The atmosphere of organic matter thrown off insensibly sisting upon the poisonous character of that which by every population, more or less dense as a district may erst graced the foot of the statue at Charing-cross, be more or less open or close, and rendered more poisonous and to the south of that statue, where it is seen no by the exhalation from common sewers, churchyards, more ; for the once-celebrated pump is removed and vaults, slaughter houses, cesspools, factories
tion, &c. &c., all commingling therein, may be sufficient replaced by one at the north. We thought we to impress destructive force on the living, so as to receive could recollect, whenever we have examined the and impart the processes of reaction in the zymotic prindisturbed earth of the streets, finding it uniformly ciples necessary to the spread of typhus fever; but it is saturated with street gas ! and year after year we that epidemic influence to which all progressive epidemics thought we had heard complaints in the suburbs, have been traced. of roads noisome with it, of ornamental planta- In the capricious visits of an exotic, as in sweatingtions destroyed by it, of pipes, when replaced by sickness
, the earlier visitations may prove fatal to the those of larger calibre to meet increased demand, poor: in the latter the poor shall escape altogether, and being a cause, inter alia, of local outbreaks of the highest classes shall be the victims. Thus in the three flux and cholera. We had thought that our own the fourth they began to suffer; in the fifth severely; and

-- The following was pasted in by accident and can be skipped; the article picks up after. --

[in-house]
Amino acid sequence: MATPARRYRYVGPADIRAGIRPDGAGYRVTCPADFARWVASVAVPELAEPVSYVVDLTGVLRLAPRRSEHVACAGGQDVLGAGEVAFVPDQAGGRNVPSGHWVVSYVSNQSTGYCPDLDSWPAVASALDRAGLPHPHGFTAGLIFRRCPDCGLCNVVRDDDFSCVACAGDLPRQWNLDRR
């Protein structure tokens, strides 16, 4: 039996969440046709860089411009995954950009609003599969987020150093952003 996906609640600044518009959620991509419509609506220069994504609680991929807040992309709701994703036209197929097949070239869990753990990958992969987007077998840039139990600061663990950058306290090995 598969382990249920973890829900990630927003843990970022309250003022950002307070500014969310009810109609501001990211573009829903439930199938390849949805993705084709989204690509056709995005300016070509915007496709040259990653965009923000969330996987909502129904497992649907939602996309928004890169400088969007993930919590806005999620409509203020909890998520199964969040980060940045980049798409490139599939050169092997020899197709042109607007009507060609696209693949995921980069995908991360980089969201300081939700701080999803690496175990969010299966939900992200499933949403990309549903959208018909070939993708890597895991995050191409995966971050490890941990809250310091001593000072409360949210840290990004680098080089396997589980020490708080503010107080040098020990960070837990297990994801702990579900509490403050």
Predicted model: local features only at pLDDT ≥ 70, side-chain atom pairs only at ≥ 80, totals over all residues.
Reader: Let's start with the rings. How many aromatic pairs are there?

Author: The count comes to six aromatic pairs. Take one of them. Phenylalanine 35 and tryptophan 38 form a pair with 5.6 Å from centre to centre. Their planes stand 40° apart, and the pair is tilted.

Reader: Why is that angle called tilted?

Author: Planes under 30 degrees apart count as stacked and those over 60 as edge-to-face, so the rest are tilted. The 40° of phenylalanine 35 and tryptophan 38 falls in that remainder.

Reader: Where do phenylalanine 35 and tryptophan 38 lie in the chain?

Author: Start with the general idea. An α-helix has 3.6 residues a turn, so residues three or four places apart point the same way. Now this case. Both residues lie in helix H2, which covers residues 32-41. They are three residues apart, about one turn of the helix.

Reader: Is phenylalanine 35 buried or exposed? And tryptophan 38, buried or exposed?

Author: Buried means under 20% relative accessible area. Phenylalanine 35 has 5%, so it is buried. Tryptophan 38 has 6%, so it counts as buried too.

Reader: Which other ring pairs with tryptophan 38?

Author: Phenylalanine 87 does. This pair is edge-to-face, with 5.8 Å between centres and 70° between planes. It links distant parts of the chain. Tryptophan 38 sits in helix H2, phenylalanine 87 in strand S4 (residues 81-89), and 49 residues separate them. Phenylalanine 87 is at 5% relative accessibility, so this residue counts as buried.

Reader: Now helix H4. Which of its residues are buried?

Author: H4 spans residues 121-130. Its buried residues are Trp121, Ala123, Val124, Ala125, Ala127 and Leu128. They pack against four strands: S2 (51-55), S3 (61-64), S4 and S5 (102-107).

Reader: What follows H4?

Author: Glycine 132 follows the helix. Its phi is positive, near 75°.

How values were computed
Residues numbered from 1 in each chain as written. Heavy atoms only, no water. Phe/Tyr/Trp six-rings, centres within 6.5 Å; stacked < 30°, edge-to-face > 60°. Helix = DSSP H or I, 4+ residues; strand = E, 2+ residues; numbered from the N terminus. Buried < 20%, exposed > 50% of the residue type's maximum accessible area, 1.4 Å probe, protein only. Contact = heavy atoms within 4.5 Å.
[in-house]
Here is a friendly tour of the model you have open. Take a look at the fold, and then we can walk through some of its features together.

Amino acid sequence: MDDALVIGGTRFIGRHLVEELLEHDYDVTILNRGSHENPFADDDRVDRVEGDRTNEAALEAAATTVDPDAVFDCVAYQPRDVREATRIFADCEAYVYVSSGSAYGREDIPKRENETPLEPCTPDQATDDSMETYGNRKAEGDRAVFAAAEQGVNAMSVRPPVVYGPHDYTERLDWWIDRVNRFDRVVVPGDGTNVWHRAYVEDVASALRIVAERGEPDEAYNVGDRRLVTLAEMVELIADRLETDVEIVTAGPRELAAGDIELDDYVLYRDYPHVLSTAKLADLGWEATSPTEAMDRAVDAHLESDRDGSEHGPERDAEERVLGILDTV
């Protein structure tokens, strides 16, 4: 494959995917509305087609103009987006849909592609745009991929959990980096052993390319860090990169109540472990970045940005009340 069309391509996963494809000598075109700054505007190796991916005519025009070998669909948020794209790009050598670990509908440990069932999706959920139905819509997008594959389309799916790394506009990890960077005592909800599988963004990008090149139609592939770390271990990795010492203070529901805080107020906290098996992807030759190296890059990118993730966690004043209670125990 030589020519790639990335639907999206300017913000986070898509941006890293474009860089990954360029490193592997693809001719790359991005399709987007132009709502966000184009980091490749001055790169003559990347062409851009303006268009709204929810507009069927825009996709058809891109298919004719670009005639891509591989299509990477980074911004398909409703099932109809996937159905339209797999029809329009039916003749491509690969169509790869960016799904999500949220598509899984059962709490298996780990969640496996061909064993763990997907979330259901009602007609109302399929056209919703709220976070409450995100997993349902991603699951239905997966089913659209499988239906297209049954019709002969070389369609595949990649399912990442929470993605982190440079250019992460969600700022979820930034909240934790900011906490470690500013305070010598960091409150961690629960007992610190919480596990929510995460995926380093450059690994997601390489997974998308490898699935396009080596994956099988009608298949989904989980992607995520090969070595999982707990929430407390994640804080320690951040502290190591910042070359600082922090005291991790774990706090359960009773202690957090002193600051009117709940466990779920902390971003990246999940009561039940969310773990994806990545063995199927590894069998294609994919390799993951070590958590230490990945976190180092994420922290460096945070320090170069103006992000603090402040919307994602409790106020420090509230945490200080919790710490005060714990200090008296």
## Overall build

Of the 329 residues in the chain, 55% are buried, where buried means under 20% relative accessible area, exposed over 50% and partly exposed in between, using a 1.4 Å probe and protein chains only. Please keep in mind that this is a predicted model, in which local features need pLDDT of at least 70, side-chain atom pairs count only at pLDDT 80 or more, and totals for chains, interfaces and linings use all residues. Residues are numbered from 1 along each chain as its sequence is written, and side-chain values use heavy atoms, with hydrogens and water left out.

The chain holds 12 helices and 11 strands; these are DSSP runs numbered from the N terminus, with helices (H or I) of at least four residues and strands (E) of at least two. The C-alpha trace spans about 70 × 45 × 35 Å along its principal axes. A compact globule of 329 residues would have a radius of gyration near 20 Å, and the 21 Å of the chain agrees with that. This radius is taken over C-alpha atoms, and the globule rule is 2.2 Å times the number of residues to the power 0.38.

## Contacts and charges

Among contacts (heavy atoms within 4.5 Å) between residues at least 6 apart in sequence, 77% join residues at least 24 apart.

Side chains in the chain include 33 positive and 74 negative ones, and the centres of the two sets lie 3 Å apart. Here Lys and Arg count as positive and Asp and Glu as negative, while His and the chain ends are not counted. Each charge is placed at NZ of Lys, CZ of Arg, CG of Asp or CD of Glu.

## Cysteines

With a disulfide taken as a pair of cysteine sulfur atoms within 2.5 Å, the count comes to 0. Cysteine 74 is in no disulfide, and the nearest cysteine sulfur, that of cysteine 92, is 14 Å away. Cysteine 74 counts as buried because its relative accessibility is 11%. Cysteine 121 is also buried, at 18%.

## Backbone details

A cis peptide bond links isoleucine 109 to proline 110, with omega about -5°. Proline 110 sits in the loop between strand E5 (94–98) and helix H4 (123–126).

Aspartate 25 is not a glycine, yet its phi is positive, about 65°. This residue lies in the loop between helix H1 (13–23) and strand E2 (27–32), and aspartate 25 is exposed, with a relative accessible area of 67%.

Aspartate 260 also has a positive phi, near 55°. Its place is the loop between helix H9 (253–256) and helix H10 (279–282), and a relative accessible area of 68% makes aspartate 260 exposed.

first visits of the sweating-sickness the rich escapel; in well at our suburban residence, and several public in the sixth extensively and exclusively, the poor escaping wells founded by charity, had been thus tainted, universally, So, in our own time, this capricious character and that there existed irrefragable proofs that the of new epidemics is still preserved. The Irish typhus, a London street surface is one mass of poisonous years limited to the poor; but in the progression of its
new epidemic, which first appeared in 1816, was for many earth. “That great river, too, that sweeps through unhappy naturalisation it has found its way to the upper the city from west to east
, with the wind rushing classes, and when contagiously introduced among their fresh over its waters,” we thought it had smelt families it is growing proportionably more fatal to them
than to the poor themselves.* of rotten eggs; and for the abundant supply